catalog and store images
Catsnap is a tool for managing your pictures. Never again will you lose your collection to a faulty hard drive. Never again will you run into upload limits, bandwidth maximums, or service closures.
How it works
Catsnap uses Amazon S3 and a PostgreSQL database to store and organize your images. Images are hosted for public access on S3, and each image can have one or more tags associated with it. Images can also be in an album, to organize sets of related images.
Once you store an image, you can look it up by its tags or album. Easy!
If you like, you can check out my catsnap instance to see what it looks like once running.
Setting up Catsnap
Catsnap uses a web service to provide you access to your images. Let’s walk through the process of getting it set up.
First, you’ll need to create an Amazon WebServices account, if you don’t already have one. This may take a bit of time, so be patient. Amazon will require a credit card, but the cost of running catsnap will be tiny–a few cents a month, at most.
Once you have an AWS account, you can create a bucket in S3 where your images will be stored. Pick a name that makes sense to you–I use “catsnap-andrewlorente”.
Optionally, you may wish to create a cloudfront distribution so people can download your images lightning-fast.
Now that you’ve got your S3 bucket set up, you’ll want a catsnap server. Catsnap is a snap to set up on Heroku, and this guide assumes you’ll do that. You can also run it on your own server, if you prefer.
To run catsnap on Heroku, you’ll first need to sign up. Like Amazon, Heroku will want your credit card information, but you’ll be able to run catsnap on their free tier. Heroku has an excellent getting-started guide. Go ahead and follow the first few steps of that, until you can successfully run heroku login.
Running a heroku app requires having a local checkout of your code. Clone Catsnap from Github:
git clone firstname.lastname@example.org:AndrewLorente/catsnap.git
Change into the catsnap directory and use the heroku toolkit to create a new app:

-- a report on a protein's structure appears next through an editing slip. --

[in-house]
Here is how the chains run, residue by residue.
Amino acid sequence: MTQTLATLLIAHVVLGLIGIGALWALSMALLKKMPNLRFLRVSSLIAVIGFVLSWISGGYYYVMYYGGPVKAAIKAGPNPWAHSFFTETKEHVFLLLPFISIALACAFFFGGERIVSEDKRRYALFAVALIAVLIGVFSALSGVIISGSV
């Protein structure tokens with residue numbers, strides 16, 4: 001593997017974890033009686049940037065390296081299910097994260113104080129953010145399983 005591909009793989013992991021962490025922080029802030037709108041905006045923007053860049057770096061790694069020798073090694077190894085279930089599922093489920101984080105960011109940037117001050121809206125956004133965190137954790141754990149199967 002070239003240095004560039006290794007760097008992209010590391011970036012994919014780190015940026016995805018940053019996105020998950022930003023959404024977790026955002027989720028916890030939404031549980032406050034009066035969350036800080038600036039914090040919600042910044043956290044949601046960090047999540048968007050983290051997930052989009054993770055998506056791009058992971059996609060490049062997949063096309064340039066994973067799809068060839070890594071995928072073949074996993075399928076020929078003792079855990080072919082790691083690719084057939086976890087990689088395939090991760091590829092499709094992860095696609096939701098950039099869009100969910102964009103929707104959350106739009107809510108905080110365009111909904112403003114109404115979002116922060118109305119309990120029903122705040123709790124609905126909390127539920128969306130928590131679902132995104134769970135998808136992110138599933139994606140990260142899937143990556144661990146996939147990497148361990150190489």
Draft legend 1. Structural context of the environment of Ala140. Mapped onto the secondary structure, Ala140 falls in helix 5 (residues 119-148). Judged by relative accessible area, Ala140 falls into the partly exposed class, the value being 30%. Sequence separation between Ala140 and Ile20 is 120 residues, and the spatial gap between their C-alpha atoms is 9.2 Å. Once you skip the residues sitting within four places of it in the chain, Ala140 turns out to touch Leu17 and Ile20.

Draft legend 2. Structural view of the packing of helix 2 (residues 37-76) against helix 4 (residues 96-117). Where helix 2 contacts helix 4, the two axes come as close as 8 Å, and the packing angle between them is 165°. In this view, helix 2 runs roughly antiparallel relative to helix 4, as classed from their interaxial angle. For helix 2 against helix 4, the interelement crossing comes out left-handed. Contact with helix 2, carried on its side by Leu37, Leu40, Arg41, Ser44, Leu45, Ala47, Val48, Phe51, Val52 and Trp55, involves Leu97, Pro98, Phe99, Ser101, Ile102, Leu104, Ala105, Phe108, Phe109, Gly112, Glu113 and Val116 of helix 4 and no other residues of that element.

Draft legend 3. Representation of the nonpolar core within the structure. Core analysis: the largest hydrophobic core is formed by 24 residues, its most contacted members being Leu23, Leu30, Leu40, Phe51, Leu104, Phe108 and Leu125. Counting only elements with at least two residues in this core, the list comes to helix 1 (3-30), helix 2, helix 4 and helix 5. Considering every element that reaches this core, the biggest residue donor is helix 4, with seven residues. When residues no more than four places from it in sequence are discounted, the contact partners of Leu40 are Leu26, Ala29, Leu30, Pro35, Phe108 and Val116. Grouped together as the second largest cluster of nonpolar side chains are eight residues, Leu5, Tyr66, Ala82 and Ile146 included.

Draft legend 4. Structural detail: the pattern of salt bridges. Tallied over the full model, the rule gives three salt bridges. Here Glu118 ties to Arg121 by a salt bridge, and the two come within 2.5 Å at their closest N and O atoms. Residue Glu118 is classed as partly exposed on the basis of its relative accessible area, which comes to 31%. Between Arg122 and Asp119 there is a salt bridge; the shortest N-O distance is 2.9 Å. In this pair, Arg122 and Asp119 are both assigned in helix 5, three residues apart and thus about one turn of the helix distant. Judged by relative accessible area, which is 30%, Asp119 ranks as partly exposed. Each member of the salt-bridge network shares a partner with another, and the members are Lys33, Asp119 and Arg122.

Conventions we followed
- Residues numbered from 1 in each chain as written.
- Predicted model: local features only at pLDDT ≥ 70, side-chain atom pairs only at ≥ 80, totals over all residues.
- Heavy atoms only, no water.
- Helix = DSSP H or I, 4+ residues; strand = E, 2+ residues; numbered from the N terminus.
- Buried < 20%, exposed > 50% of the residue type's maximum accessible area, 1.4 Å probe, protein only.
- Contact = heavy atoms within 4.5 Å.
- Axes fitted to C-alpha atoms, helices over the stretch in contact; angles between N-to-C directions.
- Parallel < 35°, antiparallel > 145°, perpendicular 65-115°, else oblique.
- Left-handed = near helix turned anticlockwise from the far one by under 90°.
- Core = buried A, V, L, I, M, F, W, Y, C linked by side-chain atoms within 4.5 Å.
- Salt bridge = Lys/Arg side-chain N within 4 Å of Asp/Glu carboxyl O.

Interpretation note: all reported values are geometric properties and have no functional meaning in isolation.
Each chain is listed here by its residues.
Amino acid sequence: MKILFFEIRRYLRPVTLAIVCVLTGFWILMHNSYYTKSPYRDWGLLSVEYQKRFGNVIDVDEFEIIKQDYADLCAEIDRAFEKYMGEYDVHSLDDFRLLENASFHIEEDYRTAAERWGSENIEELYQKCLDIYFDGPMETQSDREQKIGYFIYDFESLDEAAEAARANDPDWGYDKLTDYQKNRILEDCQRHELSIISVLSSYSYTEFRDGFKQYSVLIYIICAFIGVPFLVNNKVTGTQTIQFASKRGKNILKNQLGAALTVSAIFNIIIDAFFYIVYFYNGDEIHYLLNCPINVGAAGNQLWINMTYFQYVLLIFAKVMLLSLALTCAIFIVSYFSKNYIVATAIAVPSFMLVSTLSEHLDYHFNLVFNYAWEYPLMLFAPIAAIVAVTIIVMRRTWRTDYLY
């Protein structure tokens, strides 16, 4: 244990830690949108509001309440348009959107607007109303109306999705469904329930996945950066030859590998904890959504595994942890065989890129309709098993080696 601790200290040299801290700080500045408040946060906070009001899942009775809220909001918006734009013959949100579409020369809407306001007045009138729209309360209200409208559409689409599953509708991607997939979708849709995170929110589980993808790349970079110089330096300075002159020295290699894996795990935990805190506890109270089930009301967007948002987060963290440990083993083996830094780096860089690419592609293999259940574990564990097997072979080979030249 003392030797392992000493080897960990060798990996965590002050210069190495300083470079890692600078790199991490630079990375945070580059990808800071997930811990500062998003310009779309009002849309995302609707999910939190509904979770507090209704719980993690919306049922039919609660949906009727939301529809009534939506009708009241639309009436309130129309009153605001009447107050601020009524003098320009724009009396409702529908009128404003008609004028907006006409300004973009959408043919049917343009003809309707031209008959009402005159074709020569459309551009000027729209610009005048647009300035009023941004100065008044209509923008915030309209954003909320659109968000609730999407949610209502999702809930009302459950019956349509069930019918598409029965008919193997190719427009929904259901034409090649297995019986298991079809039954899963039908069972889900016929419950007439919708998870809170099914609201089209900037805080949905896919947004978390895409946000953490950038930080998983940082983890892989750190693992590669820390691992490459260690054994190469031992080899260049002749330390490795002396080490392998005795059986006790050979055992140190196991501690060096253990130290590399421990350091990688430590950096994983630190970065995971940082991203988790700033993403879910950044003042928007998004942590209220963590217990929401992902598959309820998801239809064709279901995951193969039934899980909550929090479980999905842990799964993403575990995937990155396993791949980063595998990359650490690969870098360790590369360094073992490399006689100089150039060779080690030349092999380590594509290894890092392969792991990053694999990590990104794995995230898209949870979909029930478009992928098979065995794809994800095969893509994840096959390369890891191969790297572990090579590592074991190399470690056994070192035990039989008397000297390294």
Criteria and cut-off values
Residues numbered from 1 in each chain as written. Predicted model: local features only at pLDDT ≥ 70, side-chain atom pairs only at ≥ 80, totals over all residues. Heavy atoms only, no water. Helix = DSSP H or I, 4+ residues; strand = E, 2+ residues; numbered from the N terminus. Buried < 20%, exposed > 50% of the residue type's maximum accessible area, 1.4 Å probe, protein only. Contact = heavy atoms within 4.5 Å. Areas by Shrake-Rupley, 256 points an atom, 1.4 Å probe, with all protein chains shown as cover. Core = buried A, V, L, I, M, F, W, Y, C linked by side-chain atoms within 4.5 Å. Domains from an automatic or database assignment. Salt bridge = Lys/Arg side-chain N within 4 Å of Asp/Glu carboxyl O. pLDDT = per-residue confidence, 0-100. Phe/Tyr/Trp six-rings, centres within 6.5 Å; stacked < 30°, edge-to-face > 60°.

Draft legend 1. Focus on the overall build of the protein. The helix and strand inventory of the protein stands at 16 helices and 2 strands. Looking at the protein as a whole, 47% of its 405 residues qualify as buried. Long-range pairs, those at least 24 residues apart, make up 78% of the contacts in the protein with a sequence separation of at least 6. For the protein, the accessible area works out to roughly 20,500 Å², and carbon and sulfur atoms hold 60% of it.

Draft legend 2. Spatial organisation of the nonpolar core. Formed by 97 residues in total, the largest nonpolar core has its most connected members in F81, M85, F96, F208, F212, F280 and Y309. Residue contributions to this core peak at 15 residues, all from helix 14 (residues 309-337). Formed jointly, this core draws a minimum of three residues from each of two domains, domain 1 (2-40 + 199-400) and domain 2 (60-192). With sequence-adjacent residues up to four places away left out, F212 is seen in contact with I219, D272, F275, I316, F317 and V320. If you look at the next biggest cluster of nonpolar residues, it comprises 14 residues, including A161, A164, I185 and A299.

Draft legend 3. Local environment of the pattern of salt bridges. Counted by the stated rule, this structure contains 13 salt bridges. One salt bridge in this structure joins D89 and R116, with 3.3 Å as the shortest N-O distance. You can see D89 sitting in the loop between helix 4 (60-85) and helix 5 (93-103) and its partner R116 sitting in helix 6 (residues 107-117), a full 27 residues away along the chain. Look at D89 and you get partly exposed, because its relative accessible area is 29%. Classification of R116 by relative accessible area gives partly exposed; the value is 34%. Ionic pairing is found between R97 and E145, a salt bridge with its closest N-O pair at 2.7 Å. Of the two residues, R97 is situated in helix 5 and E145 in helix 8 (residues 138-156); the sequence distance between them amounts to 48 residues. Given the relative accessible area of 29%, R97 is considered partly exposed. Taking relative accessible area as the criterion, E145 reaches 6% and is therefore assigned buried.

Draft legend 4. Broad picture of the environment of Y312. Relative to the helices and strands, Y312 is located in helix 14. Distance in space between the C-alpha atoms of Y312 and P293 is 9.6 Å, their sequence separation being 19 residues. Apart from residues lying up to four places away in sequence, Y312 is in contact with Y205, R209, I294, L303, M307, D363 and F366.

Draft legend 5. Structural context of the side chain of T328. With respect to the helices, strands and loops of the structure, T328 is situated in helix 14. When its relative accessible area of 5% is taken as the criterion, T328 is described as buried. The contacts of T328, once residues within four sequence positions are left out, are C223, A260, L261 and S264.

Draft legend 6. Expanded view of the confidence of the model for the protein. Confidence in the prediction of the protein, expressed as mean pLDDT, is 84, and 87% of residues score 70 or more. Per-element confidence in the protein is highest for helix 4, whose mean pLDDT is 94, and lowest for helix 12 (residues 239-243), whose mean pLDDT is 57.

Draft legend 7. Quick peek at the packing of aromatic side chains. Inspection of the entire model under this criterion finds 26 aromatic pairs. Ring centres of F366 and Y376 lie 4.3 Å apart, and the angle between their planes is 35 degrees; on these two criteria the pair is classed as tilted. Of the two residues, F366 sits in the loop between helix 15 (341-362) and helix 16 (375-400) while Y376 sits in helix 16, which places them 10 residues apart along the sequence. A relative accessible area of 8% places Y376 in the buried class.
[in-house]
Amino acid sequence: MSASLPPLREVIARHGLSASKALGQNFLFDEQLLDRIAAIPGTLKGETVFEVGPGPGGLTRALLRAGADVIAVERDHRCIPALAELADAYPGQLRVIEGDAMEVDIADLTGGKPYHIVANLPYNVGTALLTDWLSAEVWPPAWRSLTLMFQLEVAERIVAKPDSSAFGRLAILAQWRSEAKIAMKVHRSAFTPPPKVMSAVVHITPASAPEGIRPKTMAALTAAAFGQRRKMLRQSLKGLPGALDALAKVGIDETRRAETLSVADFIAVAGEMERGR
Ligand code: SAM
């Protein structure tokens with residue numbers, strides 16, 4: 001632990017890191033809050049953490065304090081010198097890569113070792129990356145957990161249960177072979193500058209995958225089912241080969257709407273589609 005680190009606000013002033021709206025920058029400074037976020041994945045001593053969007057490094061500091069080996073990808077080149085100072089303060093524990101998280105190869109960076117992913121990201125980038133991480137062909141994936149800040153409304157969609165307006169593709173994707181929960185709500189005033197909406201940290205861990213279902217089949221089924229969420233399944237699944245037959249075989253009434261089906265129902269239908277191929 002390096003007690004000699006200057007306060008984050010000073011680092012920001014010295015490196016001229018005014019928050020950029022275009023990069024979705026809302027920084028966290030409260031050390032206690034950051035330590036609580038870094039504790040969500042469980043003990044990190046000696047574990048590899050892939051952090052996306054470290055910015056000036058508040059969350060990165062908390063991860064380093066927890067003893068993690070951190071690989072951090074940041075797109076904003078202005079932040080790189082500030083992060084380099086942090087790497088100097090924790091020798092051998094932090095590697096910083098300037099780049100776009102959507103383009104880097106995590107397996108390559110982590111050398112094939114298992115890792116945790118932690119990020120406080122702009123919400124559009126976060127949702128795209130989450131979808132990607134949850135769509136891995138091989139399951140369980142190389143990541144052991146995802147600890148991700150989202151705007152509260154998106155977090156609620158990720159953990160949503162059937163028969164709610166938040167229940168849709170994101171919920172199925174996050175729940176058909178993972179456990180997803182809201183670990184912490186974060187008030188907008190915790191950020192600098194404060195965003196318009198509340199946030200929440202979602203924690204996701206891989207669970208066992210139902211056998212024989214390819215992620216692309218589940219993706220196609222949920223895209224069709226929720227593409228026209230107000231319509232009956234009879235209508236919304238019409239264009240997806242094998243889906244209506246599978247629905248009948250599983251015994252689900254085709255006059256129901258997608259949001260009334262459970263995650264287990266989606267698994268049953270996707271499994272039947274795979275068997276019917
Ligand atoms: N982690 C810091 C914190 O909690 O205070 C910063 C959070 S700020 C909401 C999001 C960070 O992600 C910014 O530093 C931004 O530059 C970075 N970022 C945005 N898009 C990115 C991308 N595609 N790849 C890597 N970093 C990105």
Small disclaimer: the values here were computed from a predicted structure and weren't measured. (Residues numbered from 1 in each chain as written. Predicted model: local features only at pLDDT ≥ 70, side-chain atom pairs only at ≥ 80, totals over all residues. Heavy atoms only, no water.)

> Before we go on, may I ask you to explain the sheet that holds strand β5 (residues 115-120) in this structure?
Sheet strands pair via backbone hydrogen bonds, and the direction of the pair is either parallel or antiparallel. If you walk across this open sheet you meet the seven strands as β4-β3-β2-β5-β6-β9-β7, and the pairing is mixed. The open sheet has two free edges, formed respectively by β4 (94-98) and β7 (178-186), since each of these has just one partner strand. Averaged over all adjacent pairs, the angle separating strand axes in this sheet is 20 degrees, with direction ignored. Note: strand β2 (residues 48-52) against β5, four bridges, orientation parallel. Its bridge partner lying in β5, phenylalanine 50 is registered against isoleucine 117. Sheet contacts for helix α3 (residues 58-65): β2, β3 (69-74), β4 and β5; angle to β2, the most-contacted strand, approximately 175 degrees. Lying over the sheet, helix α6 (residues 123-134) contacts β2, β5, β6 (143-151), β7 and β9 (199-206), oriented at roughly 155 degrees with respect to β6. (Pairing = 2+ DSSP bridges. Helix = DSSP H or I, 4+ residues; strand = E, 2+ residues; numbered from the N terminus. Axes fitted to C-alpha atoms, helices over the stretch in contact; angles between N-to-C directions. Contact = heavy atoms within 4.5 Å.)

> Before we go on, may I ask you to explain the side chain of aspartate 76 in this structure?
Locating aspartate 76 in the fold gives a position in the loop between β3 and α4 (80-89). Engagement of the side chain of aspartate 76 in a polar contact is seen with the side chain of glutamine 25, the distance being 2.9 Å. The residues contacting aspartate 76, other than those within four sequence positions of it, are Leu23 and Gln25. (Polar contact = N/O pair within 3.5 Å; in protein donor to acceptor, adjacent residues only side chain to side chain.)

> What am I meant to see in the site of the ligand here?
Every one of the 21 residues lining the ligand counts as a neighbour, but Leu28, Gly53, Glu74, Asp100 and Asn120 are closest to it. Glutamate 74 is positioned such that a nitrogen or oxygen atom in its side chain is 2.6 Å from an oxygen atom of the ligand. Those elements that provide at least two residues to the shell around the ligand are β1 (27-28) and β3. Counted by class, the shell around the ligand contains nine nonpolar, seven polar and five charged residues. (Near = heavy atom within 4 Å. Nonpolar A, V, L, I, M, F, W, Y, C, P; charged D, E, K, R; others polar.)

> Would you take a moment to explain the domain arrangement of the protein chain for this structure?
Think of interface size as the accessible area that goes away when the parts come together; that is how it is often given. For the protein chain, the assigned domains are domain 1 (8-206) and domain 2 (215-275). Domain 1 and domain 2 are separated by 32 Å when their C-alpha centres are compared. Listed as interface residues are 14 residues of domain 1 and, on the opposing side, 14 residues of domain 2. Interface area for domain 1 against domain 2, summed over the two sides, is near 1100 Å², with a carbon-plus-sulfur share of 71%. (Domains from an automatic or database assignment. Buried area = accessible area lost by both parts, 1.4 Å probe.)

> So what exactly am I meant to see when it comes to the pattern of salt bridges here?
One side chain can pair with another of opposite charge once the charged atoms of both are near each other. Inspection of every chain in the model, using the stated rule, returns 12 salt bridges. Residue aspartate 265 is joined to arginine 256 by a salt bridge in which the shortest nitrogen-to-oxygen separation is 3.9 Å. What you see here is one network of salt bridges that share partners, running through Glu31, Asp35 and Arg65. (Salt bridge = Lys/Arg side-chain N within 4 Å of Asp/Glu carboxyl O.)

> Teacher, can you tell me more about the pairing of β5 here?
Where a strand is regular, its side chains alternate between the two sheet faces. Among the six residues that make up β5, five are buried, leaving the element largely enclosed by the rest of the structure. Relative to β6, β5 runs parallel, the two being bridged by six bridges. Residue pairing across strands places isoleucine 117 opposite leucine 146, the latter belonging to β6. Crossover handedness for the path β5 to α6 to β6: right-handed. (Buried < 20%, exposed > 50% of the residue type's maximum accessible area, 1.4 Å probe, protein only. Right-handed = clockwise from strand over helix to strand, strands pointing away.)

Deploy catsnap to Heroku:
git push heroku master
Now create a free-tier Postgres database for Catsnap to use:
heroku addons:add heroku-postgresql:dev
The output from this command will include a line like:
Attached as HEROKU_POSTGRESQL_RED
Promote that database to production (replace “COLOR” with the correct color from the previous command’s output):
heroku pg:promote HEROKU_POSTGRESQL_COLOR_URL
Have Catsnap set the database up with the tables you need, and your database is ready to go:
heroku run yoyo-migrate -b apply migrations '$DATABASE_URL'
- The last thing you’ll need to do is configure Catsnap for your personal use. Configure all of the following environment variables with heroku config:set VARIABLE_NAME value
- CATSNAP_API_KEY is a secret key the client and server share for authentication. It can be any string of characters. You should keep it secret!
- CATSNAP_AWS_ACCESS_KEY_ID and CATSNAP_AWS_SECRET_ACCESS_KEY: find the values for these two variables on your AWS account page.
- CATSNAP_BUCKET: the S3 bucket that you set up earlier.
- CATSNAP_SECRET_KEY: a secret key to use when generating session identifiers. Like the API key, this can be any string of characters.
- CATSNAP_OWNER_ID: an OpenID provider that identifies you as the owner of this catsnap installation. I recommend using your Google account, in which case you would set this to https://www.google.com/accounts/o8/id.
- CATSNAP_OWNER_EMAIL: the email address associated with your OpenID url.
- CATSNAP_CLOUDFRONT_URL: (optional) the host for your cloudfront distribution, if you made one. Note this should be a full url, including “https://”.
Now your catsnap server is all set up! Navigate to the url for your Heroku app and you’re ready to start adding images.
It is very straightforward to use the web interface. Search in the search box to find images you’ve previously stored. Use the upload or upload-by-url inputs to add new images.